Snow packs abundance of moisture
PHILLIPS – Even without roaring winter weather conditions this week, the Sierra Nevada snowpack is substantial.
During near-blizzard conditions over the mountain passes, the water content of the snowpack was measured for the first time this season west of Echo Summit at 33 percent above average.
Two California Department of Water Resources snow surveyors braved the blustery weather Monday at an elevation of 6,800 feet at the entrance to Sierra-at-Tahoe Road off Highway 50 West.
“We’re off to a good start,” state snow surveyor and hydrologist Frank Gehrke said of the 16 inches of water in the snowpack. The average is 12.3 inches.
The depth of the snowpack came in at 58.6 inches – a half-foot more than last January.
“If you look at what we had last year at this time, then what we’re seeing is the same,” Gehrke said as snow caked his glasses.
Last year, he and fellow surveyor Dave Hart measured the water content at 131 percent of average.
“It still remains to be seen what the year will look like. Last year we hit a plateau. It didn’t look rosy until we got those April storms,” Gehrke said.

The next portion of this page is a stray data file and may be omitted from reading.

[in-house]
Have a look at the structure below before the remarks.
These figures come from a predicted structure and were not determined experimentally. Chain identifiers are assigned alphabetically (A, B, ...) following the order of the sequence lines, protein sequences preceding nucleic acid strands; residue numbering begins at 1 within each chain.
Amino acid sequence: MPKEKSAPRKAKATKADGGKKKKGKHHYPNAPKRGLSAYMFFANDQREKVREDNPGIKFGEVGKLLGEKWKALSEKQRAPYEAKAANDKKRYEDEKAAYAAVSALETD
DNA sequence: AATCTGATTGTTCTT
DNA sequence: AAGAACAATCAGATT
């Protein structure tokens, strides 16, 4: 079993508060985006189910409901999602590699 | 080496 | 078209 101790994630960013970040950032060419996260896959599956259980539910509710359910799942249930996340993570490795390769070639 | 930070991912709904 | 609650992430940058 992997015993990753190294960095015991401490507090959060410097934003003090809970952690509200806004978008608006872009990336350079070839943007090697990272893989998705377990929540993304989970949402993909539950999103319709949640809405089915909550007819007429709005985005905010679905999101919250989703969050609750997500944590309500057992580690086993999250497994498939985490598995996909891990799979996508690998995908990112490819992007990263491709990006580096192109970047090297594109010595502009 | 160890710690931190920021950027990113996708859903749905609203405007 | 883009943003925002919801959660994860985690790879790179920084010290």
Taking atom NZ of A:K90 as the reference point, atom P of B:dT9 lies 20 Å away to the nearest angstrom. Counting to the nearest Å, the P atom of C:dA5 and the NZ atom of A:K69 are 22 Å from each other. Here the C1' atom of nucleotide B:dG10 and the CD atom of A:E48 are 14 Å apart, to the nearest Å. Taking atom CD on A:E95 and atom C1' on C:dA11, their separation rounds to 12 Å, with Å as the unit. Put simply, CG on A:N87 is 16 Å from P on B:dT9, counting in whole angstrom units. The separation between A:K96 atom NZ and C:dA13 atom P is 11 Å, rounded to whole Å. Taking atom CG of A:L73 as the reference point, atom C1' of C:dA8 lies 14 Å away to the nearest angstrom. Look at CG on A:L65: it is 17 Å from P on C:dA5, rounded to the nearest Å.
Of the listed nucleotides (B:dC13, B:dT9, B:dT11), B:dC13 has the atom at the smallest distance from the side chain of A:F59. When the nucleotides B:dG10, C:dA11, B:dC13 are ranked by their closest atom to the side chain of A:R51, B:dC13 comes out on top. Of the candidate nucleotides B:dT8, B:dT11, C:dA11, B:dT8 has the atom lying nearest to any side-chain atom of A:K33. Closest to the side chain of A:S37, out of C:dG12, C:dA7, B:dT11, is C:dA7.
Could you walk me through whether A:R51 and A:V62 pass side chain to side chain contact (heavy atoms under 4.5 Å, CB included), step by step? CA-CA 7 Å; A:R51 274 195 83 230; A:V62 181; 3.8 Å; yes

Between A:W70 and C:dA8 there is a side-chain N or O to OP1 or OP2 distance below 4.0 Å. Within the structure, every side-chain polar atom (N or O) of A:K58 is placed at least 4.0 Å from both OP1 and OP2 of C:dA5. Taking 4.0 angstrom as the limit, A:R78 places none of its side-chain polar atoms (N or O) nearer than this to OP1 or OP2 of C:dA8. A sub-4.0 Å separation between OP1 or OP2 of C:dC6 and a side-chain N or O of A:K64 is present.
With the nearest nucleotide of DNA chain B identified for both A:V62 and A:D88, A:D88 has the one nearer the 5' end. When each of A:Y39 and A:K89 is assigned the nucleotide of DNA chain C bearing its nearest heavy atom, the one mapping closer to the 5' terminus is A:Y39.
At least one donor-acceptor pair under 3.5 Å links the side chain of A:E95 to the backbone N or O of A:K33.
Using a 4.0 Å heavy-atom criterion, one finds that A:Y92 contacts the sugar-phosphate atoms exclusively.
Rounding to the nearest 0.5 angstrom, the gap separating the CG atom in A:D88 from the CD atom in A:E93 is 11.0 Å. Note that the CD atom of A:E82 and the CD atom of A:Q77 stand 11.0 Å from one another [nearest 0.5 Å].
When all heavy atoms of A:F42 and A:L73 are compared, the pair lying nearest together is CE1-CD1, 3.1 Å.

The adequate level of reservoir storage makes the year more promising, along with the pattern of storms bringing a mounting snowpack.
“It doesn’t get any better than this as far as the powder goes,” he said.
The two men – who said they narrowly escaped the budget ax this year – picked up their cross country skis and measuring tape, approaching the results with cautious optimism.
Gehrke raised his eyebrows at the potential for high avalanche hazard this week.
“You can tell by the accumulations. We’ve had 4 to 5 feet in the higher elevations,” he said.
Contact Susan Wood at firstname.lastname@example.org or (530) 542-8009.